Since every project is different, construction management brings unique challenges. Unlike assembly line manufacturing, where the goal is to produce a large number of identical products, the construction process delivers a customized building according to the needs of each client. Also consider that most construction activity is performed outdoors, where weather conditions can cause delays.
Building projects also require effective coordination between many suppliers and contractors in the short term. There is no time to establish a complex supply chain, like those found in conventional manufacturing.
Working with qualified engineers and architects during the design phase contributes greatly to project success. However, you must also ensure that the construction process follows the requirements in design documents, while meeting a budget and a deadline. A project plan is a very effective tool to meet these requirements.
Simplify building construction with effective project management.
Using a Project Plan Effectively
Project management is a very broad topic, and it would be possible to write entire books about it. However, to adopt the best practices in project management successfully, you need a project plan. There are many software solutions that allow the creation of project plans, and there is no specific format. However, a project plan will normally provide the following information:
- A Work Breakdown Structure (WBS), which is a detailed breakdown of the project scope.
- The sequence of activities, normally represented in a Gantt chart. Activities follow a logical sequence - for instance, electricians cannot install wiring before conduit.
- A project schedule, which is based on the Gantt chart.
- Project cost and resource schedules, which are based on the expenses and inputs allocated to each activity.
A project plan is very useful because it provides a baseline to compare the progress of construction. The actual project is compared with the plan at regular intervals, considering time and cost along with the scope of work completed. Based on how these three metrics interact, project managers can draw conclusions.
For example, if the accumulated expenses by a certain date exceed the planned expenses, it is not possible to reach conclusions right away. Consider the following possibilities:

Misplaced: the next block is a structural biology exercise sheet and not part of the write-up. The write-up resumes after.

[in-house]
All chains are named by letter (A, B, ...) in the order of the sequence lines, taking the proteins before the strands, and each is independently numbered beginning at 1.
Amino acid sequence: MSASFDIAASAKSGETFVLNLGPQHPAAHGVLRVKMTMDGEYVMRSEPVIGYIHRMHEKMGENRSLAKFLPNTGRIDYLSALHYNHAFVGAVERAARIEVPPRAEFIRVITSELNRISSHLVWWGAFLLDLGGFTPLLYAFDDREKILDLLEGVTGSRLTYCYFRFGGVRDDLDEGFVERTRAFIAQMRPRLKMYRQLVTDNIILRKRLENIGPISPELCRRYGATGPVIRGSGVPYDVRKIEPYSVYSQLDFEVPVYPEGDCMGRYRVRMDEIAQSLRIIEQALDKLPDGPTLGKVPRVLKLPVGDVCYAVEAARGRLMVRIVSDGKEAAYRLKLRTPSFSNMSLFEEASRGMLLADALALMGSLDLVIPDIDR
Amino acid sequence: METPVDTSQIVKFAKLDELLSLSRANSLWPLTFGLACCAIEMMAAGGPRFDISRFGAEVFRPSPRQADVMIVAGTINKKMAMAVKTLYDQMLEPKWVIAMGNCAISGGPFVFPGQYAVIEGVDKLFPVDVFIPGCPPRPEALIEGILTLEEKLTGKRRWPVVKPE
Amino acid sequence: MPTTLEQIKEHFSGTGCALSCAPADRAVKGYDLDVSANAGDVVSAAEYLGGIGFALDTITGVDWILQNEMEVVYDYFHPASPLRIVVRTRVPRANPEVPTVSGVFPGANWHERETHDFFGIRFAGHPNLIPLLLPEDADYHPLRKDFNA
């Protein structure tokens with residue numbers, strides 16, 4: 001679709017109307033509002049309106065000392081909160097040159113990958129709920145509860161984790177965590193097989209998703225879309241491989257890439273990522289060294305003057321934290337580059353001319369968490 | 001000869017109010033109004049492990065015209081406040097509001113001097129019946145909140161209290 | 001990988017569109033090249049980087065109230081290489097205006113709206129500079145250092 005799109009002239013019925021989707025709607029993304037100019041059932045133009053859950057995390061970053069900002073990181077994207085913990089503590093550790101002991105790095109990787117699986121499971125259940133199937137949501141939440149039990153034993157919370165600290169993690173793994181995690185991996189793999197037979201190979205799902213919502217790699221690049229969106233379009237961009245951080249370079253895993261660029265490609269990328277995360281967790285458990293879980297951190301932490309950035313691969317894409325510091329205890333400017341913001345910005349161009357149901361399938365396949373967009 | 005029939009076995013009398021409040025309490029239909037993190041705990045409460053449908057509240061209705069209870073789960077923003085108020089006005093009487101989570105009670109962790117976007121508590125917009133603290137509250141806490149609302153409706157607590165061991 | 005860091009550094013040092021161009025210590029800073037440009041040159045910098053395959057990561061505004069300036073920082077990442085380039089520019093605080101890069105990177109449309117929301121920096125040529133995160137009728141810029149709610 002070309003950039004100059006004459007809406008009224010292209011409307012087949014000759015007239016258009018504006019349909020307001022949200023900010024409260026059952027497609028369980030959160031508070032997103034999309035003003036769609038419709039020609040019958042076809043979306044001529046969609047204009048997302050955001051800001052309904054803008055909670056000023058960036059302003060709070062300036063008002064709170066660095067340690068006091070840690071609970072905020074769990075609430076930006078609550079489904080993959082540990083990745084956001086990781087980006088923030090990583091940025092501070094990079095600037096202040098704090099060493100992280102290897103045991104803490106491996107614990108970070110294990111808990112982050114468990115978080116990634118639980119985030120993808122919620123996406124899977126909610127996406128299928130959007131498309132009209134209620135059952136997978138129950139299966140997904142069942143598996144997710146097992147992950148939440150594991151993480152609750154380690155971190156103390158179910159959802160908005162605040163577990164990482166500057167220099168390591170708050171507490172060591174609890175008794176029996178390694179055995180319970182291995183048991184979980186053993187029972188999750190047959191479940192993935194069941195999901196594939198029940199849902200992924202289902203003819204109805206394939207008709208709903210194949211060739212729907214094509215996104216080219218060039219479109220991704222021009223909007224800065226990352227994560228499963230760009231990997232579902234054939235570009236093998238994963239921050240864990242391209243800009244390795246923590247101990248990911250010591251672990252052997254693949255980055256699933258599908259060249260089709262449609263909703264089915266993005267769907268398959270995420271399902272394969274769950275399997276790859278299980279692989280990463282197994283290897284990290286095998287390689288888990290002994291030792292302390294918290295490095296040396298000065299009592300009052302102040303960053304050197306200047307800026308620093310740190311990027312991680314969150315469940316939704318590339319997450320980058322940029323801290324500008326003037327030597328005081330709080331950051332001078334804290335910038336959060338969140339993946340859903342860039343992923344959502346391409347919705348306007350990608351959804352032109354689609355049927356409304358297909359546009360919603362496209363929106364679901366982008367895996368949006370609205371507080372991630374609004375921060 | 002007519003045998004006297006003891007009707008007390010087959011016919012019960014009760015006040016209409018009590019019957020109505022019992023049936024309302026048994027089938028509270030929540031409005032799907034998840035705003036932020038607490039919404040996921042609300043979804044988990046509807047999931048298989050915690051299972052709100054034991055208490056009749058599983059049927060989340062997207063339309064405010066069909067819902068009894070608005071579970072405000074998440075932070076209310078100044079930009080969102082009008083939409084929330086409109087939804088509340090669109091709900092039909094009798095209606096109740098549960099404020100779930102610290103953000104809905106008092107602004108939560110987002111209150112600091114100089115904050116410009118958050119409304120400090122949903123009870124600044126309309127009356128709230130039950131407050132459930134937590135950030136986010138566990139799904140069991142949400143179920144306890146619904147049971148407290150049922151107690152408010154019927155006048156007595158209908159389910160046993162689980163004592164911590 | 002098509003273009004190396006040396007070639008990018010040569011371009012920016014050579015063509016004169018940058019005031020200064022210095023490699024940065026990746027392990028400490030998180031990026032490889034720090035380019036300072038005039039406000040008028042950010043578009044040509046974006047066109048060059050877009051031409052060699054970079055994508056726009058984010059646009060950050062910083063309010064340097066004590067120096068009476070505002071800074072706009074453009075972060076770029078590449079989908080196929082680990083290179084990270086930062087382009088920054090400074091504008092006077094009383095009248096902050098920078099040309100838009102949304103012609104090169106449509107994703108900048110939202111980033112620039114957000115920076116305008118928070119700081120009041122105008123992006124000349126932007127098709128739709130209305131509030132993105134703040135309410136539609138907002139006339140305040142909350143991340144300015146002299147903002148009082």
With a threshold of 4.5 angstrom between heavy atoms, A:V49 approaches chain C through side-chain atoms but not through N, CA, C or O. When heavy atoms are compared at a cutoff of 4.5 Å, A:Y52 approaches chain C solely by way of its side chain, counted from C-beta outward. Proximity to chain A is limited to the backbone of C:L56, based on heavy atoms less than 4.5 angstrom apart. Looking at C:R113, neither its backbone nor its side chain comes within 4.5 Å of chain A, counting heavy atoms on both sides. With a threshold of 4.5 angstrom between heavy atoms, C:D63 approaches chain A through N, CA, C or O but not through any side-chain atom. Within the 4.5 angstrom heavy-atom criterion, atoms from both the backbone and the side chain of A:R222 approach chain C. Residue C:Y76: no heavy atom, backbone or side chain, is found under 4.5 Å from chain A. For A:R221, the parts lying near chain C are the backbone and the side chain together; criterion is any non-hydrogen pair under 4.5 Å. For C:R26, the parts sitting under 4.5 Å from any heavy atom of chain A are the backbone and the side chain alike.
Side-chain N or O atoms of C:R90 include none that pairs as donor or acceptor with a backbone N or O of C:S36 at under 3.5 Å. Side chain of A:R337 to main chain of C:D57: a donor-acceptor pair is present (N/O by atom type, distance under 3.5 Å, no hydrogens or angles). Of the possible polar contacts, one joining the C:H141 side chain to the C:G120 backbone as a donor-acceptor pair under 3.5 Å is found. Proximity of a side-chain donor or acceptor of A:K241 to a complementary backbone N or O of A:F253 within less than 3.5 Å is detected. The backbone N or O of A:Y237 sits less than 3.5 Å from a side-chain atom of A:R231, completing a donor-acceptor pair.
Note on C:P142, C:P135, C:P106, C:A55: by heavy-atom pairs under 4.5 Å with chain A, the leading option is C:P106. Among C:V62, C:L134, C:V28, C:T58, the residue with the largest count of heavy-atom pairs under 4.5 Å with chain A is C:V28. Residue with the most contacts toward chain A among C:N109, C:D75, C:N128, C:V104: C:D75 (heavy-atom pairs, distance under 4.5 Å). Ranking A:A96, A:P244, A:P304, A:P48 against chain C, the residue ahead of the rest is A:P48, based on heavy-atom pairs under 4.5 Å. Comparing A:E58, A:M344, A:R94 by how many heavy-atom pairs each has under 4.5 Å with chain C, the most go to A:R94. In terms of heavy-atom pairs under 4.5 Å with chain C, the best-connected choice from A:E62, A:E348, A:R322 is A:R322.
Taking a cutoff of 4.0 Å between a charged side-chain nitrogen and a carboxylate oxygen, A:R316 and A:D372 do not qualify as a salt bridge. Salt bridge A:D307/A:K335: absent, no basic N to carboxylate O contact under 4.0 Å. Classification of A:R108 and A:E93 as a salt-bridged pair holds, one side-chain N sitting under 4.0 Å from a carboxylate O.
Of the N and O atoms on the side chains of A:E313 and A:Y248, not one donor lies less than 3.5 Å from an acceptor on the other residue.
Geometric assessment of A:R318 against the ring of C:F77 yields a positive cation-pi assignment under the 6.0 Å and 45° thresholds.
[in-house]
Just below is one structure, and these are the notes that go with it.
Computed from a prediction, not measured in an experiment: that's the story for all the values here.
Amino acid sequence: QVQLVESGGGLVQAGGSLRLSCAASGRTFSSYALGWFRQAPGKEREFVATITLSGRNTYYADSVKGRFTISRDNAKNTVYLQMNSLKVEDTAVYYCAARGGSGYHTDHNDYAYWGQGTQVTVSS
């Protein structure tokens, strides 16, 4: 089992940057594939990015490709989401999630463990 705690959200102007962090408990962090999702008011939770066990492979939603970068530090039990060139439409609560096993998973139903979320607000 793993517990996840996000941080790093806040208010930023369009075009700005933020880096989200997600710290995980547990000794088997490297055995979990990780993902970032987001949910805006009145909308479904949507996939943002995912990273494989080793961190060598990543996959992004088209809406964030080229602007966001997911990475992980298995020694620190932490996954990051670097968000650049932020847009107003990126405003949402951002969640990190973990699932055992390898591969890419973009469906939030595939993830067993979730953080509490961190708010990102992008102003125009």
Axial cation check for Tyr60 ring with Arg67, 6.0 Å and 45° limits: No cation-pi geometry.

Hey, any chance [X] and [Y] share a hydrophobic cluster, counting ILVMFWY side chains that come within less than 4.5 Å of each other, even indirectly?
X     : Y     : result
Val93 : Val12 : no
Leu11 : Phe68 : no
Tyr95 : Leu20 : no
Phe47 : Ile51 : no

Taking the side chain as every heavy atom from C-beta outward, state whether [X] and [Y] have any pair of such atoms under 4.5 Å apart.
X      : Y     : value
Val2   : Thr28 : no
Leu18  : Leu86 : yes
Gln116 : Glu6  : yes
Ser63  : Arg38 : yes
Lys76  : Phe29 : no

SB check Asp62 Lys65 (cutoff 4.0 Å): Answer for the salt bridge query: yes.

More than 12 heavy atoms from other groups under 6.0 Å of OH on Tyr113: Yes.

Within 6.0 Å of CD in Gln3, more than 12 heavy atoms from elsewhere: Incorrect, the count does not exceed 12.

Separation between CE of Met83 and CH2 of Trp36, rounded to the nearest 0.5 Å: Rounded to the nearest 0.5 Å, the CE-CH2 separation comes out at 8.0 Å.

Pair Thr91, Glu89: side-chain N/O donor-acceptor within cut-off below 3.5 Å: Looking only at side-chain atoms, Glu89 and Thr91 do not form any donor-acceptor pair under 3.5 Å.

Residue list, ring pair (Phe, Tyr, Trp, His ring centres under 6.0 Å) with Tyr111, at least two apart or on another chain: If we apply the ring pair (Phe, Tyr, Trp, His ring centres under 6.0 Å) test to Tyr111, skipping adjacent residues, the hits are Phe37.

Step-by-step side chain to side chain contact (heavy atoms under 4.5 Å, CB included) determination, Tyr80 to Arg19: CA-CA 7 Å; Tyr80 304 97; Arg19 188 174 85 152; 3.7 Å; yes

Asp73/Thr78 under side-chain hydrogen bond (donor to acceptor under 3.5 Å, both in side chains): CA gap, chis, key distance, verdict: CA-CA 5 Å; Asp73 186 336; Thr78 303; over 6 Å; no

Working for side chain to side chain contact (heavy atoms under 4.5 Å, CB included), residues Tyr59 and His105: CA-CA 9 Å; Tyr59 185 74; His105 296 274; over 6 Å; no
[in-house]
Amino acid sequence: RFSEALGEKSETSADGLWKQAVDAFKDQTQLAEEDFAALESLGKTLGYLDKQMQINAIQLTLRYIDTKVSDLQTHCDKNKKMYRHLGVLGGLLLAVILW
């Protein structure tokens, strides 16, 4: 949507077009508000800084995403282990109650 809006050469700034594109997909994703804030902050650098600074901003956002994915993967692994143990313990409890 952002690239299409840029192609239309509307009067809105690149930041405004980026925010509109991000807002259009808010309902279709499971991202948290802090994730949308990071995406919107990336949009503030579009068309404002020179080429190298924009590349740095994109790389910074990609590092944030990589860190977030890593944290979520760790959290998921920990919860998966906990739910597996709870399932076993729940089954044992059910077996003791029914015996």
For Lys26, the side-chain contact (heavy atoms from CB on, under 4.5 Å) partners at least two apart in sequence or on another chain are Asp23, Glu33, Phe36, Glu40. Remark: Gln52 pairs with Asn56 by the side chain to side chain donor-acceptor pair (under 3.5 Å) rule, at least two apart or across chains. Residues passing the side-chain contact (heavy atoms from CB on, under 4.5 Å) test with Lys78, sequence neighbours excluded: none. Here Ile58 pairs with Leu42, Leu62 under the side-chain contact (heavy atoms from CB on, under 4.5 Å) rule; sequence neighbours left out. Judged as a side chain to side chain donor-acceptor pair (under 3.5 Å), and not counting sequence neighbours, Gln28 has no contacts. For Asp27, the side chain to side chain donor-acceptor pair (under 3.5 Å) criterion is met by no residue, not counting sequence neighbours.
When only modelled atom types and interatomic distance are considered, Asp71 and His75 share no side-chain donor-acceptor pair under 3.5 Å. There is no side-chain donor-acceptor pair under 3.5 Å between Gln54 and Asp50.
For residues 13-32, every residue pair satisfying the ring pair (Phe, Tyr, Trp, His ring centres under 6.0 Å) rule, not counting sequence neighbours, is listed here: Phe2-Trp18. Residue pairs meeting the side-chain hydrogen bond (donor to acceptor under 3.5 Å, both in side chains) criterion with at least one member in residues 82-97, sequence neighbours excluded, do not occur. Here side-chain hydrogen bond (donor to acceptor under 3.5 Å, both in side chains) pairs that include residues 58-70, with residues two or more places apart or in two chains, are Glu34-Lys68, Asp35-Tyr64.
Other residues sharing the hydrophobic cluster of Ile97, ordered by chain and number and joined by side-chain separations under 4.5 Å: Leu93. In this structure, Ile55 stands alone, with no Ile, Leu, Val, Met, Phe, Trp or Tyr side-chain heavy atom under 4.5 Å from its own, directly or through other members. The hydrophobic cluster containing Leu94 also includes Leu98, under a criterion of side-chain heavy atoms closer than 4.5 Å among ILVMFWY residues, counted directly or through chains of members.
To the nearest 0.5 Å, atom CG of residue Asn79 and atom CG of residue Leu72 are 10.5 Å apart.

- If the project is ahead of schedule and expenses are consistent with the work completed, the outlook is positive. The accumulated expenses are higher simply because the project is moving faster.
- On the other hand, if the project is on schedule or delayed, extra expenses indicate waste. The extra funds being spent are not converted into progress in this case.
A project cannot be monitored based only on one metric, since this can lead to incorrect conclusions. The percentage of work completed does not provide direct information on how the budget is being used, just like expenses are not a direct indicator of work completion.
When a project is compared with the baseline at regular intervals, issues can be identified and fixed before they have a major impact. For example, cost overruns and delays can be identified when their magnitude is still small.
Managing Project Resources Effectively
The construction process of a building uses many resources. In addition to construction materials, a project needs tools, equipment and skilled labor. There is also a significant energy input, since many types of equipment consume fuel or electricity.
A key advantage of the project plan is that is provides a clear picture of when each resource is required. For example, if a building is still in the excavation and foundation phase, there is no need to have electricians and HVAC technicians on site. Likewise, if a project uses sensitive materials near the end of the construction process, there is no point in delivering them to the site at the start of the project.
However, waiting until the last possible moment to order materials or equipment is not the best approach either. Consider that many product have a lead time, and they cannot be delivered to the construction site on demand. For example, if a piece of HVAC equipment is installed on the 6th month of a project and its delivery takes one month, the order must already be placed by the 5th month.
The project plan is also useful for managing and tracking the presence of subcontractors on the project site. For example, if the Gantt chart indicates simultaneous activities that involve HVAC and plumbing, technical staff from both areas will be present at that time.
The availability of resources also influences planning decisions. For instance, if two activities require the full attention from a specific contractor, they cannot be scheduled simultaneously.
To deliver a building successfully, project managers must balance the work progress, budget and time. With a reliable project plan, the work completed can be inspected regularly to detect and fix issues.
Buildings represent a business decision for developers, and investors seek to maximize the return on their capital. Cost overruns are detrimental, since the benefits per dollar spent are reduced. In the case of buildings that are being developed for rent, a delay means that the owner must wait longer before receiving rent payments.
When effective project management is combined with professional design services, developers can expect an improved outcome in construction projects. Solid project management keeps the construction process on time and on budget, and a good design reduces ownership costs.